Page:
Published: 2022 | By: Alicia Carriquiry
The information below highlights a sample of current research initiatives led by the CSAFE team. Additional accomplishments in other forensic science disciplines will be discussed in subsequent issues of Forensic Science Review. Visit the CSAFE website www.forensicstats.org to learn more…
Published: 2022 | By: Dr. Alicia Carriquiry
This CSAFE webinar was held on October 18, 2022. Presenters: Alicia Carriquiry Director, CSAFE Distinguished Professor and President’s Chair, Department of Statistics – Iowa State University Stephanie Reinders Research Scientist, CSAFE Presentation Description: Forensic handwriting analysis relies on the principle…
Published: 2021 | By: Danica Ommen
Handwriting analysis is conducted through the expertise of Forensic Document Examiners (FDEs) by visually comparing writing samples. Through their training and years of experience, FDEs are able to recognize critical characteristics of writing to evaluate the evidence of writership. In…
Published: 2021 | By: Madeline Johnson
Handwriting analysis is conducted by forensic document examiners who are able to visually recognize characteristics of writing to evaluate the evidence of writership. Recently, there have been incentives to investigate how to quantify the similarity between two written documents to…
The 2021 Field Update was held June 14, 2021, and served as the closing to the first year of CSAFE 2.0. CSAFE brought together researchers, forensic science partners and interested community members to highlight the organization’s achievements, identify areas for…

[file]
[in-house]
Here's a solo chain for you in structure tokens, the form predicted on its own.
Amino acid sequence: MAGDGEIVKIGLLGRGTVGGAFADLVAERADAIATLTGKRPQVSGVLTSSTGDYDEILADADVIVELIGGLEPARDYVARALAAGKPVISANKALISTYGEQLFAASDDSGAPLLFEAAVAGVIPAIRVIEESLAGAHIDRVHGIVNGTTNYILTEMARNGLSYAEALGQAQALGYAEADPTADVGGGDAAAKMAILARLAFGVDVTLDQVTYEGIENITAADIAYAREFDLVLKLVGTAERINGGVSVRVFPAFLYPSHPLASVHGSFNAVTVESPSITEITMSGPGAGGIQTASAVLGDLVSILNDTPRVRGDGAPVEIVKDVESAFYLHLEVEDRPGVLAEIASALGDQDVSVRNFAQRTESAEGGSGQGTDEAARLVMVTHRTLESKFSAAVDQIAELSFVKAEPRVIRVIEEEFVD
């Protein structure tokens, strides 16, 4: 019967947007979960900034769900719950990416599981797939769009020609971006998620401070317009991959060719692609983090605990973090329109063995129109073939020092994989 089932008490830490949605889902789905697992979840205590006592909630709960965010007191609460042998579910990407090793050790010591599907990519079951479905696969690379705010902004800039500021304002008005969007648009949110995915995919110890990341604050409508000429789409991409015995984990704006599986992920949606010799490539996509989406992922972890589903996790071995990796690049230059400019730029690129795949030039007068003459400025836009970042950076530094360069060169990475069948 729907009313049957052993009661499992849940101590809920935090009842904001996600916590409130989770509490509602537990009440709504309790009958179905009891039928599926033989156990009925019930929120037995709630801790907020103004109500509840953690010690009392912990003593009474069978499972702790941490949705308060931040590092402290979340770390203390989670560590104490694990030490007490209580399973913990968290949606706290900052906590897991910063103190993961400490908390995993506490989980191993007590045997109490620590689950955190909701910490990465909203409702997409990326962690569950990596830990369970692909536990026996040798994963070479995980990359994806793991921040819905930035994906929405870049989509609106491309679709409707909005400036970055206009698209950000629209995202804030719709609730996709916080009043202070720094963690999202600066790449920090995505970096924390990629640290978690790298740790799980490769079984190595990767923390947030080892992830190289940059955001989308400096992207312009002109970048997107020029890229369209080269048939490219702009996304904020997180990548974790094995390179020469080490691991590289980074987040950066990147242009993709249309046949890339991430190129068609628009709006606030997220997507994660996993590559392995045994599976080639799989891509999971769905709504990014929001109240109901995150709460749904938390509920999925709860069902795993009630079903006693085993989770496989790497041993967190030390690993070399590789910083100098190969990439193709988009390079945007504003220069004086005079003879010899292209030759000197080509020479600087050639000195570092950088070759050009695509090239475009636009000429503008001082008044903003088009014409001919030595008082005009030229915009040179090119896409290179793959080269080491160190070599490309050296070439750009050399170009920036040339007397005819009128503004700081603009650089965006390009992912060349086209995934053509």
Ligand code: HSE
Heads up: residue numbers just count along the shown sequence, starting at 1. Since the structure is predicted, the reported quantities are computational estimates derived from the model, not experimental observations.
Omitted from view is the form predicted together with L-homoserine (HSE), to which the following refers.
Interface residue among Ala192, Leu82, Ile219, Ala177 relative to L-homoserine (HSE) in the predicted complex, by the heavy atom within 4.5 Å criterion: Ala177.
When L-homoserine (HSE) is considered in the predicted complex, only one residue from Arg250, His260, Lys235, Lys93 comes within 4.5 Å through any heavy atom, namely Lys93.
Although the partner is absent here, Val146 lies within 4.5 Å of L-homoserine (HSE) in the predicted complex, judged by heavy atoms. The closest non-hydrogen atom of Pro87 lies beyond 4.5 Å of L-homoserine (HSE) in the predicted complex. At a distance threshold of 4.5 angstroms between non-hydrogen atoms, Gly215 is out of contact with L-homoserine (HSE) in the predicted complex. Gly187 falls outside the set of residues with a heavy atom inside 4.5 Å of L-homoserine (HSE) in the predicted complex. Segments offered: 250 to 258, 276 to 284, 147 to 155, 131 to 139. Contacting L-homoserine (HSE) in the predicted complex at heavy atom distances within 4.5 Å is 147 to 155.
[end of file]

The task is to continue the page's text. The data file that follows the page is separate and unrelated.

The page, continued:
This CSAFE webinar was held on March 11, 2021. Presenter: Alicia Carriquiry Distinguished Professor and President's Chair in Statistics, CSAFE Director Presentation Description: Forensic handwriting analysis relies on the principle of individuality: no two writers produce identical writing, and given…
Published: 2020 | By: Amy M. Crawford
Handwritten documents can be characterized by their content or by the shape of the written characters. We focus on the problem of comparing a person's handwriting to a document of unknown provenance using the shape of the writing, as is…
Published: 2020 | By: Amy Crawford
The analysis of handwritten evidence has been used widely in courts in the United States since the 1930s (Osborn, 1946). Traditional evaluations are conducted by trained forensic examiners. More recently, there has been a movement toward objective and probability-based evaluation…
The 2020 All Hands Meeting was held May 12 and 13, 2020 and served as the closing to the last 5 years of CSAFE research and focused on kicking off new initiatives for the next phase of the center, CSAFE…
An Exploratory Analysis of Handwriting Features: Investigating Numeric Measurements of Writing That Are Important for Statistical Modeling
Published: 2019 | By: Amy Crawford
The goal of this presentation is to provide insights into which features of handwritten documents are important for statistical modeling with the task of writer identification and to discuss how these features overlap with features that questioned document examiners typically…